I wrote this whole long post yesterday, and when I was almost done, Firefox crashed and I lost the whole thing. The nerve! Anyway, on to the actual topic of today’s symposium.
I’ve never gotten along well with my body. I’ve never felt like it belonged to me.
I’ve generally considered myself a pretty healthy person, but the other day, my nurse pointed out to me that I’ve had all kinds of physical problems.
I had chronic middle ear infections as a child, and the first time my eardrums ruptured, I was 3 days old. I had 5 ear surgeries before kindergarten, and in one of those surgeries the doctors realized my adenoids were gangrenous from repeated infections and removed them. I’m now hard of hearing, and my left eardrum has a permanent hole from a karate accident. (Never fight a guy twice your size who doesn’t pull his hits while point sparring. Just don’t.) I was a competitive gymnast in elementary and middle school, and I did a lot of damage to my joints because I had no concept of either the future or taking it easy. My senior year of high school, what started as bad vertigo progressed into passing out and seizures where I’d stop breathing. At 17, I was finally given a diagnosis: a very large arteriovenous malformation in the left frontal lobe of my brain. Five days after my 18th birthday, I had gamma knife brain surgery to correct it. I have several sleep disorders (central sleep apnea, circadian rhythm disorder, and alpha-delta disorder). I have severe lower back pain from a bone spur that’s the result of an untreated stress fracture, as well as congenital hypermobility syndrome. And just recently, I was diagnosed with MTHFR polymorphism.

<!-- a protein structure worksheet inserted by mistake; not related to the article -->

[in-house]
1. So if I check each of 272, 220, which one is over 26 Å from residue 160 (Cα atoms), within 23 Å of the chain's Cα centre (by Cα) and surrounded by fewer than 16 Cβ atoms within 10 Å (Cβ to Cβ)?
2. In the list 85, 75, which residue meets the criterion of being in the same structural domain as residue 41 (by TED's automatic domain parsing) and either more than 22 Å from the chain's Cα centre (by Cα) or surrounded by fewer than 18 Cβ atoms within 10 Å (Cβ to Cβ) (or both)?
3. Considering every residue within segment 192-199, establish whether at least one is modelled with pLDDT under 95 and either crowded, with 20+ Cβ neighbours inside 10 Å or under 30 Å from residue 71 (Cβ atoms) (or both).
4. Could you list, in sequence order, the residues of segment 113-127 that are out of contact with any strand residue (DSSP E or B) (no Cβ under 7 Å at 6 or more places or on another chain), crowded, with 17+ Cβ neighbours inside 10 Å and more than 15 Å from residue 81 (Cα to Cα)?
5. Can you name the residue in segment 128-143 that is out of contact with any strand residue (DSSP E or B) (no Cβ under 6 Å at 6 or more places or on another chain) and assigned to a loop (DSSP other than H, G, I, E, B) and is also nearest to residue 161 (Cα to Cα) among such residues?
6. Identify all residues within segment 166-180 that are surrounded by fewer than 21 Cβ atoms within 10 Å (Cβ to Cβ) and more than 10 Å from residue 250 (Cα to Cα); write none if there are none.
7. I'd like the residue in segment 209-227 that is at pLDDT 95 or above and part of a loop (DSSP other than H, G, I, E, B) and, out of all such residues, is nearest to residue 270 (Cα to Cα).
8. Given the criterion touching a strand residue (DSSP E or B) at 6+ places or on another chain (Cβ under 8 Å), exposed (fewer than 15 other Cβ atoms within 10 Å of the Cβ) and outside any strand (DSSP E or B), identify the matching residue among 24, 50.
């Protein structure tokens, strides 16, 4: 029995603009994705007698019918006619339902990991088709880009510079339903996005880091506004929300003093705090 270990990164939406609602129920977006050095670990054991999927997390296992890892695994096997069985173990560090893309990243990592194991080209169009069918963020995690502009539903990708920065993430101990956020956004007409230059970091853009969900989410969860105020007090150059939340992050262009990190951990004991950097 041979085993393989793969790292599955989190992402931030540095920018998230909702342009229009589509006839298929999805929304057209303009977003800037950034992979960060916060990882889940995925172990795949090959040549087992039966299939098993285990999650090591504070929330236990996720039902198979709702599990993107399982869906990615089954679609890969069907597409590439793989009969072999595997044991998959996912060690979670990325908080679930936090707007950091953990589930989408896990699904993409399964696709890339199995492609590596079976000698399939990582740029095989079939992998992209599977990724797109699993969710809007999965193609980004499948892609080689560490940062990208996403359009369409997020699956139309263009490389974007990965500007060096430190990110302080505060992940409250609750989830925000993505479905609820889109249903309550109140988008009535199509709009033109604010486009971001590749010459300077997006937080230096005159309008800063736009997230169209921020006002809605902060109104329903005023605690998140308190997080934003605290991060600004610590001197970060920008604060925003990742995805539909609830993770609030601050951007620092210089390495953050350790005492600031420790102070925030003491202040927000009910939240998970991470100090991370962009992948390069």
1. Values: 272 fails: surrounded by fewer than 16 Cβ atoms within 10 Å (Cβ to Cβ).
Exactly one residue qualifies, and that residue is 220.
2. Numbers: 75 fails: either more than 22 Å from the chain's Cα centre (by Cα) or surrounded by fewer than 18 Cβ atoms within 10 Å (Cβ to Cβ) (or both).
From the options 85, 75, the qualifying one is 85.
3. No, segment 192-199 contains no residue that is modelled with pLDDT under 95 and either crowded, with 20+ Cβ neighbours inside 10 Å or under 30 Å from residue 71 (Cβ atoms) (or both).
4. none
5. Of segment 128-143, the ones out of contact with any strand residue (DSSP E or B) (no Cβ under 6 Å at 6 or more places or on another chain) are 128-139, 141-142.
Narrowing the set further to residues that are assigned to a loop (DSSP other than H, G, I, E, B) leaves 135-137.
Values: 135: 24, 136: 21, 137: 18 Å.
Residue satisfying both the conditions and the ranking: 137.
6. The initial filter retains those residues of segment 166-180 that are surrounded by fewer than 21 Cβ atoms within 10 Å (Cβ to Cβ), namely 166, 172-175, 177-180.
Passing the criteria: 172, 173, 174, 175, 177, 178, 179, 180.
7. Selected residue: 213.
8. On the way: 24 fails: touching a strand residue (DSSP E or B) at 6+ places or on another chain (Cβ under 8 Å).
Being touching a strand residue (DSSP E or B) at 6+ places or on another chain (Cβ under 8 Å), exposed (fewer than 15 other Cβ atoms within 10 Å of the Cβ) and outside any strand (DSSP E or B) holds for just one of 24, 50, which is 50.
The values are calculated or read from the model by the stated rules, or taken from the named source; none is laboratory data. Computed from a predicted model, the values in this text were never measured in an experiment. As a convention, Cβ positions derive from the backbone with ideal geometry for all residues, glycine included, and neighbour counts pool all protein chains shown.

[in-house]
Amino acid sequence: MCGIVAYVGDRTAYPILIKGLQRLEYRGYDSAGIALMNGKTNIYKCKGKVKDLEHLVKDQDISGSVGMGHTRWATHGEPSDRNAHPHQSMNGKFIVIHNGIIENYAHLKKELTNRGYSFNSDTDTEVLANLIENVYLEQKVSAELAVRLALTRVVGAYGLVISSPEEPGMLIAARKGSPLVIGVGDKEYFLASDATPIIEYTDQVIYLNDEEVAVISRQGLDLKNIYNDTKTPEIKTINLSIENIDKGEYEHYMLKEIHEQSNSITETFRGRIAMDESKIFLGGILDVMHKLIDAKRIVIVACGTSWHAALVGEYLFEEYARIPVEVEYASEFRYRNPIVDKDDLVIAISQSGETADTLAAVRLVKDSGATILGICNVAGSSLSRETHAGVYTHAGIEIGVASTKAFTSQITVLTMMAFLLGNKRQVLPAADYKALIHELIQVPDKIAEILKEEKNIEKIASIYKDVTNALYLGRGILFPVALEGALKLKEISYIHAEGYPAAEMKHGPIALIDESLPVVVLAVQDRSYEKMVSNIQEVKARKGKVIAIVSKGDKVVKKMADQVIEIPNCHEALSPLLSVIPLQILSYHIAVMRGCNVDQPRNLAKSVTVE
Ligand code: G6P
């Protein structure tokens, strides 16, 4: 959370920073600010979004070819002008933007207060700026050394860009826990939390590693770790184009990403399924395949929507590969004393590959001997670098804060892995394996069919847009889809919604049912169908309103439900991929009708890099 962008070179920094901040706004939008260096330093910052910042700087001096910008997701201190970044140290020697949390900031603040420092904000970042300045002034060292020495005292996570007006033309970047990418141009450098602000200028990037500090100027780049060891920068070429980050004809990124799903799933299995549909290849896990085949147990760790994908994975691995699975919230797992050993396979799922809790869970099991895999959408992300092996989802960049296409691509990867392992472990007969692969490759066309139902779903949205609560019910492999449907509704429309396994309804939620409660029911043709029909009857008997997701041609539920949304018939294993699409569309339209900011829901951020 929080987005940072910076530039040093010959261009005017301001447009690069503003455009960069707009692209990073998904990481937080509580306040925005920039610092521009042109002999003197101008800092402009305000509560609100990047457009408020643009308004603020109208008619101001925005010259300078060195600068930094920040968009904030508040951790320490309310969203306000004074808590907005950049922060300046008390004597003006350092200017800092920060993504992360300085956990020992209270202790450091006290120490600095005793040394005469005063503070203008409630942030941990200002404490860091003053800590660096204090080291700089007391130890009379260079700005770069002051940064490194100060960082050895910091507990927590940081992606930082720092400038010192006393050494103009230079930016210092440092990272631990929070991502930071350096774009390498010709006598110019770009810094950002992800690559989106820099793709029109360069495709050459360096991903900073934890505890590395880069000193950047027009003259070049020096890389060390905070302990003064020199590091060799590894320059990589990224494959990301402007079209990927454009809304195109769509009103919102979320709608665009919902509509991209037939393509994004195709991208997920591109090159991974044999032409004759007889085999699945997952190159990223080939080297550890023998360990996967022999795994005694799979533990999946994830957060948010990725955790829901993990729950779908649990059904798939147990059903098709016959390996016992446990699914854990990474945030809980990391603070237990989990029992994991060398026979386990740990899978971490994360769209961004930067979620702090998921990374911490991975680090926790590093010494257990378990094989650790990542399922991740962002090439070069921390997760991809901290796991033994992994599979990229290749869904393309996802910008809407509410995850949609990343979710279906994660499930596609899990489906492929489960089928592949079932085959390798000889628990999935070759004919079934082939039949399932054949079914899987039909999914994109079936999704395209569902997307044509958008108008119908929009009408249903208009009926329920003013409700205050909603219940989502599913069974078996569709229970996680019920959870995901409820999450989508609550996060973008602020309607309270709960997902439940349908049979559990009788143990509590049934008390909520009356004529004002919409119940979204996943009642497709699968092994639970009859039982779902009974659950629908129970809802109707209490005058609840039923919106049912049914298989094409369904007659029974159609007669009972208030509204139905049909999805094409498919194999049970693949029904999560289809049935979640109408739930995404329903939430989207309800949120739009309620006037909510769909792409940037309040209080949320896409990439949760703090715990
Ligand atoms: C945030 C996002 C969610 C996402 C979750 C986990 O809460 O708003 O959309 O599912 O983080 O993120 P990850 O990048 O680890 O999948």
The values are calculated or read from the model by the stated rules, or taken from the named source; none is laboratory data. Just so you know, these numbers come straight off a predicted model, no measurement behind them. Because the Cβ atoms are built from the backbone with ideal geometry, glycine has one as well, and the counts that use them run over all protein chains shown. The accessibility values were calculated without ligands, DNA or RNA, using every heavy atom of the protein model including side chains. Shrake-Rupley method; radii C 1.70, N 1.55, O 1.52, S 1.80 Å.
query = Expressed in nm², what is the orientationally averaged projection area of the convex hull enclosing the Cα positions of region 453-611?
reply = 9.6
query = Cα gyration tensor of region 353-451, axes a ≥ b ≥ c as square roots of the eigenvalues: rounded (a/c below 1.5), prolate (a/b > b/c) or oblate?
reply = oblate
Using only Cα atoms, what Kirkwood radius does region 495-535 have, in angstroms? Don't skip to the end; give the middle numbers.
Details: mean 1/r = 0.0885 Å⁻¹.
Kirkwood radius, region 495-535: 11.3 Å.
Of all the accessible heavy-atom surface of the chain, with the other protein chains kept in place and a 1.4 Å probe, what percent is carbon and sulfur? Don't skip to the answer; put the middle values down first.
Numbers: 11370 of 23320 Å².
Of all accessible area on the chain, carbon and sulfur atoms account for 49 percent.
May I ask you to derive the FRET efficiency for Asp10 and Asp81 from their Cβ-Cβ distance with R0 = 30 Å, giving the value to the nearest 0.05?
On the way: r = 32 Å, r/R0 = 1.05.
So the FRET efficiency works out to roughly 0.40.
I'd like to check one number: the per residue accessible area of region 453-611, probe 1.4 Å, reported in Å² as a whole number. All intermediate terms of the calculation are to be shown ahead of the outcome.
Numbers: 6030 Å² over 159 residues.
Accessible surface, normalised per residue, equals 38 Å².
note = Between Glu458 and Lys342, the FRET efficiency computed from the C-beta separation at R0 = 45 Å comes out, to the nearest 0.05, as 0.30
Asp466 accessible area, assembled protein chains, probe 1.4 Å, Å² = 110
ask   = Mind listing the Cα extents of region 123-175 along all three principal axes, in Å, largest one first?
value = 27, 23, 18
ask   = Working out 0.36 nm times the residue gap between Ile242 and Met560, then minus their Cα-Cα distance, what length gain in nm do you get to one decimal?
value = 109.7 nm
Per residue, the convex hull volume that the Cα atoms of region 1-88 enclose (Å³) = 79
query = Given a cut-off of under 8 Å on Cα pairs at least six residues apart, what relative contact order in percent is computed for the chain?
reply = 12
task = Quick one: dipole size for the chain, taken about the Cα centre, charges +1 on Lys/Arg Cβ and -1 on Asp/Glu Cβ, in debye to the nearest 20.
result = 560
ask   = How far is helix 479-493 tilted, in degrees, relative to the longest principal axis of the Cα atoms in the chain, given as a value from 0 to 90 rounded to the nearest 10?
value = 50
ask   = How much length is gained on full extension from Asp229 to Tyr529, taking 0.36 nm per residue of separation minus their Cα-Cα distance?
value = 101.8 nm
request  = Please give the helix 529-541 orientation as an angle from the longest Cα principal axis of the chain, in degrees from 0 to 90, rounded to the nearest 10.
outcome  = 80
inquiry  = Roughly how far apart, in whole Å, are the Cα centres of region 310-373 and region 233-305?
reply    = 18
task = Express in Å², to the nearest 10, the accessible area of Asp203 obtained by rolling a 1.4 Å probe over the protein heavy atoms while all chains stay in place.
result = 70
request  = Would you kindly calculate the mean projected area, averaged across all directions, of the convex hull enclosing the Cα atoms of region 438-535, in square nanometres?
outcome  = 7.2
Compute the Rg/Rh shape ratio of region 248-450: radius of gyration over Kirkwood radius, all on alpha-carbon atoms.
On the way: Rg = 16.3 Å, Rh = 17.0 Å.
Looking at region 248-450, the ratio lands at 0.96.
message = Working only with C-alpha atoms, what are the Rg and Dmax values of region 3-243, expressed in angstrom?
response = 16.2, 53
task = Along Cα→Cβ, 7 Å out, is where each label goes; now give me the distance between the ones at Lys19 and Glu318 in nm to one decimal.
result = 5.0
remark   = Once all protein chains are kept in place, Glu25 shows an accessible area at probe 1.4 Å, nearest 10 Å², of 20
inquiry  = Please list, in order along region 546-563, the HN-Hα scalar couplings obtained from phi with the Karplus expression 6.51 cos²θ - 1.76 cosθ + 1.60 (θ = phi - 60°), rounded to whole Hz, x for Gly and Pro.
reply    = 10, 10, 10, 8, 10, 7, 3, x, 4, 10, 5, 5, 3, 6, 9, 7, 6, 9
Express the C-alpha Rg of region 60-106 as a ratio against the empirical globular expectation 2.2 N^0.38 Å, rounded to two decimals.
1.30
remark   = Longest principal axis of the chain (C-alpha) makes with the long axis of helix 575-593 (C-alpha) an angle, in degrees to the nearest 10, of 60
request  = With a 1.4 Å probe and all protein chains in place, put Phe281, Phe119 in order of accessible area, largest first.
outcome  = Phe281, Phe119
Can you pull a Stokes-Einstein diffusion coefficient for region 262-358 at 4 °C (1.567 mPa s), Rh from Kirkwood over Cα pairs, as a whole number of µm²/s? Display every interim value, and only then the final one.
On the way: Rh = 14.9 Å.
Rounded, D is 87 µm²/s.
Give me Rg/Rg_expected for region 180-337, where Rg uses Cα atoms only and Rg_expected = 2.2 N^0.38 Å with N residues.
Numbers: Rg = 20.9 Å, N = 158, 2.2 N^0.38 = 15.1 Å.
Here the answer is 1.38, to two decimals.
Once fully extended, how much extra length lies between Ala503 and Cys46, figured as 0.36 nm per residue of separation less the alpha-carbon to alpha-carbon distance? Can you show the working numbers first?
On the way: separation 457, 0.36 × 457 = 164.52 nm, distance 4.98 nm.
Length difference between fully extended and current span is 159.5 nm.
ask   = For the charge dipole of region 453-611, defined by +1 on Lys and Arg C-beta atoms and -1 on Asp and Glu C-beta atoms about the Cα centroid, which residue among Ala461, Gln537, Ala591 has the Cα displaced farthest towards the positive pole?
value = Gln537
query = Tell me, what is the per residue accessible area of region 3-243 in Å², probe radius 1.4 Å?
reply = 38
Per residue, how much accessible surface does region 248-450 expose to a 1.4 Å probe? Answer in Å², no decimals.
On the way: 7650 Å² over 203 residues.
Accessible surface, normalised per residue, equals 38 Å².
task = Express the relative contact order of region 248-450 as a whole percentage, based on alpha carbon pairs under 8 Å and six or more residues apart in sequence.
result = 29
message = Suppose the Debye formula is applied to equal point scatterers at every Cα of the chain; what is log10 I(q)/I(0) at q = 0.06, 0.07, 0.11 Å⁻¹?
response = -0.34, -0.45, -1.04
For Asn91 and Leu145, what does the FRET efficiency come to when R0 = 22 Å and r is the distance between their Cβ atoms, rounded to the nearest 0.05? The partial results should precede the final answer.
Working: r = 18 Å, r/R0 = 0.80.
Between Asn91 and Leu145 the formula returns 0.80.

It’s really fun trying to fill out medical history forms.
It isn’t just physical problems that make me feel disconnected from my body, though. It’s also the trauma.
I don’t remember when I realized it wasn’t normal to check out and leave your body when things got bad. I don’t ever remember a time that I didn’t do that. I still do it a lot more than I’d like to–something stressful or scary happens, and suddenly I’m not there. My body’s abandoned, and I’m gone. Or somebody else takes over and runs my body for me. Sometimes it’s a few minutes until I come back to my body; sometimes it’s weeks.
I’m trying to learn to treat my body better. It’s difficult, though, because so many people have treated my body as though it deserves no respect. And I learned from them. I starved myself, cut myself, binged and purged. For the most part, I’ve been able to get a handle on those destructive behaviors, but the temptation is still there. It’s just another way to take myself out of a body that doesn’t feel like it’s mine.